For those of us living in Hong Kong – The great photos from Paul Hilton I came across again recently illustrate our sad reality. Occasionally, we see blue skies (like today) but more often than not, the photo on the right reflects what we must live with.
last year in Hong Kong air pollution reached “life threatening’ levels every eight days. This is by far the city’s largest public health crisis, affecting people from tomb to tomb and clearly unacceptable.
Doctors, advocates for children, for the elderly, politicians, business leaders, NGOs have called for action to clean the damaging air. Local think tanks and academics have shown in careful research that most of the time, the polluted air that affects us come not from factories in southern China but from local sources – buses, trucks, cars, shipping.
Blueprints for clear and immediate action have been handed to government officials.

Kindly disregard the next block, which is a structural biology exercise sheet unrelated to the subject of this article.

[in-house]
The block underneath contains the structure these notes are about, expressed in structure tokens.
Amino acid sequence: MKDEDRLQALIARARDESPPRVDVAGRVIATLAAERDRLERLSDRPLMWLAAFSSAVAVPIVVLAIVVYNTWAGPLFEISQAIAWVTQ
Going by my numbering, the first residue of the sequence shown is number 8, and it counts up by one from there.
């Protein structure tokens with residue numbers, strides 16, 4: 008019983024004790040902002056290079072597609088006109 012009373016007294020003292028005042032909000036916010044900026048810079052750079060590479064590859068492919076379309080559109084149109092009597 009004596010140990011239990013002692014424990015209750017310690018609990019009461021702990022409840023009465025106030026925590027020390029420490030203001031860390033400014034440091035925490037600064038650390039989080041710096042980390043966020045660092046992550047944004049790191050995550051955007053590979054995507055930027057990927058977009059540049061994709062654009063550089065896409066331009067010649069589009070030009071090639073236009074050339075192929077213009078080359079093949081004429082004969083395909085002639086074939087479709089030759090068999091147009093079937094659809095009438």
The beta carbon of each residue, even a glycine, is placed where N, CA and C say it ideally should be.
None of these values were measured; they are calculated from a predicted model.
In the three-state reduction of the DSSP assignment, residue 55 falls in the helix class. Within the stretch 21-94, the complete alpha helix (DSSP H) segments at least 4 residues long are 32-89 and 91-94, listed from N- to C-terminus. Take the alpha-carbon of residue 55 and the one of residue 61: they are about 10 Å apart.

The Hong Kong government, however, refuses to act, engaging instead in years of study, public consultation and more internal discussion ahead of something as simple as a promised revision of the city’s Air Quality Objectives, established in 1987.
Maersk, the shipping line, announced last week that in the absence of government action to regulate, its ships would unilaterally start using low-sulphur fuel when coming into port in Hong Kong. For years, the shipping industry has asked the government to regulate. Reasonably, they want a level playing field.
There are sad whispers from government halls that this is an issue only the gweillo, the foreign population, cares about. How insulting to the local population – do government officials really believe Chinese don’t care to protect their health?
What is the reason behind government inaction? We are an educated and wealthy society with a government surplus to spend on the public’s behalf. What could be more important than acting to protect our health?
It is ONLY when people realize that the current levels of pollution are not just unhealthy but KILL and when the people of Hong Kong and surrounding areas make a COLLECTIVE demand for pollution levels to fall to “normal”, will a decision in the “corridors of power” be made to do something about this clear and present danger.
You are so right Denis!